Gosh dang, there are so many different mortgage terms it can be hard to keep up (even after you’ve already qualified and funded your mortgage). Good thing you have an awesome mortgage specialist like us who are more than happy to walk you through every step of your mortgage life.
What is a Mortgage Renewal?
Every mortgage has a term and an amortization period. The term is the shorter between the two, usually ranging from 2-5 years. Throughout this period, your mortgage terms in your commitment are locked in (unless you have a variable rate of course). The amortization period is the longer one, usually ranging from 25-30 years. This can be considered as the life of your mortgage and how long you have to pay off the loan in its entirety. Now, throughout your amortization period, whenever your term period is up, you’ll have to renew your mortgage. A good way to think about a mortgage renewal is like a reset button. It’s a perfect time to review your mortgage strategy and make changes if desired. For example, let’s say you had a 2-year term when you funded your mortgage because rates were declining and you didn’t want to be stuck with the rate you got for too long, but now want a longer term, like 5 years, because rates are rising again and you want to keep the lower rate for as long as possible. Make sense?
To summarize, a mortgage renewal is when your mortgage term is up and you need to renegotiate your mortgage rate. An important thing to remember is that the worst thing you can do at the time of renewal is to blindly renew with the same lender. Chances are, by checking out what other institutions are offering, we can get you a better rate!
What is a Mortgage Refinance?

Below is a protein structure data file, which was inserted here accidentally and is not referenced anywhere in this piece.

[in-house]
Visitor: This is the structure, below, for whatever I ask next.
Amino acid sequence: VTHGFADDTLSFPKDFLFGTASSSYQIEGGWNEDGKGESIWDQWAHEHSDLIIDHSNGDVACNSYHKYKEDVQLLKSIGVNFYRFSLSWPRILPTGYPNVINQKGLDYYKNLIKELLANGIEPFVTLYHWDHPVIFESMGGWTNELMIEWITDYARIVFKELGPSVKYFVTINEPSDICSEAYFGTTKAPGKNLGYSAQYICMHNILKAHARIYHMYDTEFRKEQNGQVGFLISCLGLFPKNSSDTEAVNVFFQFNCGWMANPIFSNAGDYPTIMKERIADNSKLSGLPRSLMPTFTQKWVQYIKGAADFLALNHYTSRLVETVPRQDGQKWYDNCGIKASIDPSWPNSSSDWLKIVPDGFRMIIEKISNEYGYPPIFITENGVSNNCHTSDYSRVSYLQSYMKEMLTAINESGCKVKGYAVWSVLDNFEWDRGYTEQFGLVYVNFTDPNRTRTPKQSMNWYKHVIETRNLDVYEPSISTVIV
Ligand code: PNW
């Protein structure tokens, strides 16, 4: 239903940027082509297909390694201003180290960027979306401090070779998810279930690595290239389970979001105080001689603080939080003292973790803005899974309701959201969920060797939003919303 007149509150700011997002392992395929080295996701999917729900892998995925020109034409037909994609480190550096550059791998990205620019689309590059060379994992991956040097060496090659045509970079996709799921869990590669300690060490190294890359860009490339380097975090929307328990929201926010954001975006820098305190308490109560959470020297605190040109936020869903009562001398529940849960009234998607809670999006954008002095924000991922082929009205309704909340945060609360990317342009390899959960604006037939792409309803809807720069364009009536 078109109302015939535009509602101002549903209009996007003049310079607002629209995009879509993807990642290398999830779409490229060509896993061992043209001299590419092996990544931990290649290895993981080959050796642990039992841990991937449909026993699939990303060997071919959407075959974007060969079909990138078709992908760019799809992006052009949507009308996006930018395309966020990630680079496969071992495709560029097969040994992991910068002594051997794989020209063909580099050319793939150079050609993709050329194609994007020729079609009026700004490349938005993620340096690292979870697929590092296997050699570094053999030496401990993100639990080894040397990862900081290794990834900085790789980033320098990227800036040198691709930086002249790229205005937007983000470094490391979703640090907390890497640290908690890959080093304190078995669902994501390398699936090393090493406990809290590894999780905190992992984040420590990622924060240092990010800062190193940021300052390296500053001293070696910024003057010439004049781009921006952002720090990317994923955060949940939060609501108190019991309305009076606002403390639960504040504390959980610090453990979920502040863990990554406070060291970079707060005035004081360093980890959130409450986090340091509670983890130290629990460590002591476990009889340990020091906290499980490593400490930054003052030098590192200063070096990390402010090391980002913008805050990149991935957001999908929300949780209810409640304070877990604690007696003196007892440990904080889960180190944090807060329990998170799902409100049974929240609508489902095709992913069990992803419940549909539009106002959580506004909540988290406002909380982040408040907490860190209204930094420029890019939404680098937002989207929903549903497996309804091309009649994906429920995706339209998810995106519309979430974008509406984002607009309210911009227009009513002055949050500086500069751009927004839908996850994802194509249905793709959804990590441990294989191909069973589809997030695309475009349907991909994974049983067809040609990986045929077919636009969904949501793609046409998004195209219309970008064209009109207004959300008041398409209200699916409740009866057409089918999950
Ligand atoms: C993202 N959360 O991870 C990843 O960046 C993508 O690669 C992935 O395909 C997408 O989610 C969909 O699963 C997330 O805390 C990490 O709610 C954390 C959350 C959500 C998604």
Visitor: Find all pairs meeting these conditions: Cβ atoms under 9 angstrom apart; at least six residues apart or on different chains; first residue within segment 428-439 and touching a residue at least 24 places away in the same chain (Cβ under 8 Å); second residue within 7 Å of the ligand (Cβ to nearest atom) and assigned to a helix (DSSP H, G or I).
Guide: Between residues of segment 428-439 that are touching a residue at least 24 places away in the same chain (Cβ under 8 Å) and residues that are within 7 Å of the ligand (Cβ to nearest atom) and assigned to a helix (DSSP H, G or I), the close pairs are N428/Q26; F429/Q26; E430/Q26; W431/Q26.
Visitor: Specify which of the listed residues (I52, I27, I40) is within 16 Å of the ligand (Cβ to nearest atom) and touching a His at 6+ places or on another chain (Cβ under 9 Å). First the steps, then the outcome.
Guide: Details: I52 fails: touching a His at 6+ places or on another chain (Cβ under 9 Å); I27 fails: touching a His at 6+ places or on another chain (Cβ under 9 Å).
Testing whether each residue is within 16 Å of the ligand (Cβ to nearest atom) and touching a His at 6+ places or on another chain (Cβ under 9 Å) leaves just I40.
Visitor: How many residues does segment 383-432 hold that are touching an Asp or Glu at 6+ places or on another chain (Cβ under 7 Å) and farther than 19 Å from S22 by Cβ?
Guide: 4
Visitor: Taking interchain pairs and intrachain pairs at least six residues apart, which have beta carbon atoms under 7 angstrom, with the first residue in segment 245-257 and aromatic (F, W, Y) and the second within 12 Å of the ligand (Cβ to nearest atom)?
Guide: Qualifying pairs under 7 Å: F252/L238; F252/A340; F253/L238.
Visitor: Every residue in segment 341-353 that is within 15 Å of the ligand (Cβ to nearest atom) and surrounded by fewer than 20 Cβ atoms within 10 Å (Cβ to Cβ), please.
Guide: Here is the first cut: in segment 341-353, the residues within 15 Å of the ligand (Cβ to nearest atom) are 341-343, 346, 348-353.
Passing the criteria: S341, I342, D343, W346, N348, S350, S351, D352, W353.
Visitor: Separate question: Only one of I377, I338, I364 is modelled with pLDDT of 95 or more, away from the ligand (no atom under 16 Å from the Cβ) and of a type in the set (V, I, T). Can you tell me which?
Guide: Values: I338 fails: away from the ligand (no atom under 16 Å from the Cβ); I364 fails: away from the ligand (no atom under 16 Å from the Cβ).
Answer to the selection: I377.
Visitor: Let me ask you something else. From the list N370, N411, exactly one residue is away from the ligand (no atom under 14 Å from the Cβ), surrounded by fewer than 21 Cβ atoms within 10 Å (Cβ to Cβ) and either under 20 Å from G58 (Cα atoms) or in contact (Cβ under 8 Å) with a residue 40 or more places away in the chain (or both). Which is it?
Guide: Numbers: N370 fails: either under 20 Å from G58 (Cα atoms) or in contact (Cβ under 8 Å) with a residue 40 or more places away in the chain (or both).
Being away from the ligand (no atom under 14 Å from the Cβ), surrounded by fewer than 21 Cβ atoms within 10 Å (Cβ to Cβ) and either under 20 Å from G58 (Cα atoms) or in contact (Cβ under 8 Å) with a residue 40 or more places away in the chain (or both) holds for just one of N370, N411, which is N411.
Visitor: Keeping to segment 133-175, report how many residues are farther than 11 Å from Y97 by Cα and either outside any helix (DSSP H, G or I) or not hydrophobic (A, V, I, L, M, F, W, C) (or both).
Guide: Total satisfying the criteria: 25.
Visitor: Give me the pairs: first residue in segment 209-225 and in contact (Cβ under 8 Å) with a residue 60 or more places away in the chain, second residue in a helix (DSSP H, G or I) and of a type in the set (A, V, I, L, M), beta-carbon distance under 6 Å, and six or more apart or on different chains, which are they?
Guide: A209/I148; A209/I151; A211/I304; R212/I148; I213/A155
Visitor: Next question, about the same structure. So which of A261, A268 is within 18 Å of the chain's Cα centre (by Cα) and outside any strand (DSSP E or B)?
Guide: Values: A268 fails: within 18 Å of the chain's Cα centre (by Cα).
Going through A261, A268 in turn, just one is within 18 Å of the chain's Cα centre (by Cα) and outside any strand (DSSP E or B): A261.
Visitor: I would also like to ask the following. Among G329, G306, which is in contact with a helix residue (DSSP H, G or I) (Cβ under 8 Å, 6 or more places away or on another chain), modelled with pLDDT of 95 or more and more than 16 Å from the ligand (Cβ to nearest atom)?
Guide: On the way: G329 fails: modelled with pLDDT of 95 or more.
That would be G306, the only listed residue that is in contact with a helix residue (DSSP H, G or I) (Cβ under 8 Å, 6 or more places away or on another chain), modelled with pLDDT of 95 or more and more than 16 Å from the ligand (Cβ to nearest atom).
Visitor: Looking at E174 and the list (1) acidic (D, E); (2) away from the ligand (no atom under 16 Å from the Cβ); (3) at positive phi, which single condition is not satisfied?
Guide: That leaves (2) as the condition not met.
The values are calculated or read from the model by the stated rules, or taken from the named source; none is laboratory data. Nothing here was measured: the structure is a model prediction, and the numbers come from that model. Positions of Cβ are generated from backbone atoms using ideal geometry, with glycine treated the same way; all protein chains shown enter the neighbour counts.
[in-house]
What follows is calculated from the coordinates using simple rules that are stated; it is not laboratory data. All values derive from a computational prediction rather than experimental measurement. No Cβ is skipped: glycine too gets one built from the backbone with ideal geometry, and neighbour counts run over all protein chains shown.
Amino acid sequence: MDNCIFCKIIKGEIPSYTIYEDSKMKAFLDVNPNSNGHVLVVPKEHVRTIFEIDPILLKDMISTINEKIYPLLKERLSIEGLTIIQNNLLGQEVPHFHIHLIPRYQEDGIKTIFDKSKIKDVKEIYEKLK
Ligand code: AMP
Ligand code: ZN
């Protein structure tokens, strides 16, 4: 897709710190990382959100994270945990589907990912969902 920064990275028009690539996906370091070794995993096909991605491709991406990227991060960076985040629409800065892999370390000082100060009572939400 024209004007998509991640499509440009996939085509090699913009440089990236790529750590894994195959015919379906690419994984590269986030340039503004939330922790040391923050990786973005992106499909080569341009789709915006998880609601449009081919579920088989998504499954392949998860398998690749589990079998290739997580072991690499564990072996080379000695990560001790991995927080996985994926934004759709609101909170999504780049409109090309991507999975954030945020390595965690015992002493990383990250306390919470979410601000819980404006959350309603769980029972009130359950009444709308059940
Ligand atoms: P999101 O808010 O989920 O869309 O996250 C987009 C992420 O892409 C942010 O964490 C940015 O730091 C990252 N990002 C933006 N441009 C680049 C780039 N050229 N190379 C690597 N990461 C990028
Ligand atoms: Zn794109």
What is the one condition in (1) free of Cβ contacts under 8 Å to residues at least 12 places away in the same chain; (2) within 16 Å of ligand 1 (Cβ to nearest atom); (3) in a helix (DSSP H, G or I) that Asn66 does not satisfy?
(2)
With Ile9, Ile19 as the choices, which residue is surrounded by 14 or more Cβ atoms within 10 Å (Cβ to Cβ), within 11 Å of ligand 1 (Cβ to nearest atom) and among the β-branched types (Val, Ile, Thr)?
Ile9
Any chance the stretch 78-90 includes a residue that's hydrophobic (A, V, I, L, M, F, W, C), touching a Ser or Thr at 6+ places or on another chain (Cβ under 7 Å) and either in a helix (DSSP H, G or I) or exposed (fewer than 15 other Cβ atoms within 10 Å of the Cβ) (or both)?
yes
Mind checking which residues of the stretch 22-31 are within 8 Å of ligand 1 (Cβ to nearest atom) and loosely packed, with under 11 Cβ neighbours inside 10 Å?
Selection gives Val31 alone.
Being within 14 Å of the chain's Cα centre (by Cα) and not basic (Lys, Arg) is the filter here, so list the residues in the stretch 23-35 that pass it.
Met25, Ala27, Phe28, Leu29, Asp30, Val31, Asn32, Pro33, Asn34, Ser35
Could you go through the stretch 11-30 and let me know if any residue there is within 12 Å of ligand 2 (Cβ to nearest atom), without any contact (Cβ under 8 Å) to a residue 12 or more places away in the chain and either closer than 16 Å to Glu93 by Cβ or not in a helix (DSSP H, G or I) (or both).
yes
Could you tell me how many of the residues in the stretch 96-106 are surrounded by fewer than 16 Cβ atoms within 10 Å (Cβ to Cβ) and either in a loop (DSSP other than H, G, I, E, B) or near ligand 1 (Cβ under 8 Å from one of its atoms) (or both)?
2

Refinancing your mortgage can be a great financial tool if used properly. When you refinance your mortgage, you’re accessing the equity from your property. For example, let’s say your house is worth $700,000. Typically, you can access up to 80% of your property’s total value. So you could access $560,000 and use it for a variety of things, such as renovations, debt consolidation, or investing in another property. Although keep in mind that the actual amount of money you can use from the refinance is the difference between the value and the outstanding balance on your current mortgage. So if you had $300,000 left to pay off on your current mortgage, the liquidity from a $560,000 refinance would be $260,000 (which is still a great chunk of change!)
So by refinancing my mortgage, I’m basically restarting my mortgage?
Technically yes. If you had an outstanding balance of $300,000 and you took out $560,000, you now owe the lender $560,000. Refinancing isn’t for everyone, but as mentioned it can be a great asset to increase your financial stability. When you refinance your mortgage, your amortization period restarts - so you still have enough time to pay off the loan in its entirety. When you think about the investments you can make with the cash you accessed through the refinance, it’s quite possible it will increase or add a stream of cash flow to your income (depending on what you do with it), so down the line you may be able to handle higher monthly payments and pay your mortgage off sooner.
Should I renew or refinance my mortgage?
This is not a simple question. Everyone’s financial situation is different and so are their comfort levels with utilizing their mortgage as a financial tool. To answer this question depends on your financial situation and your long term goals. The best step to take first is to contact your mortgage specialist (hopefully it’s me) and we can explore the best options for you.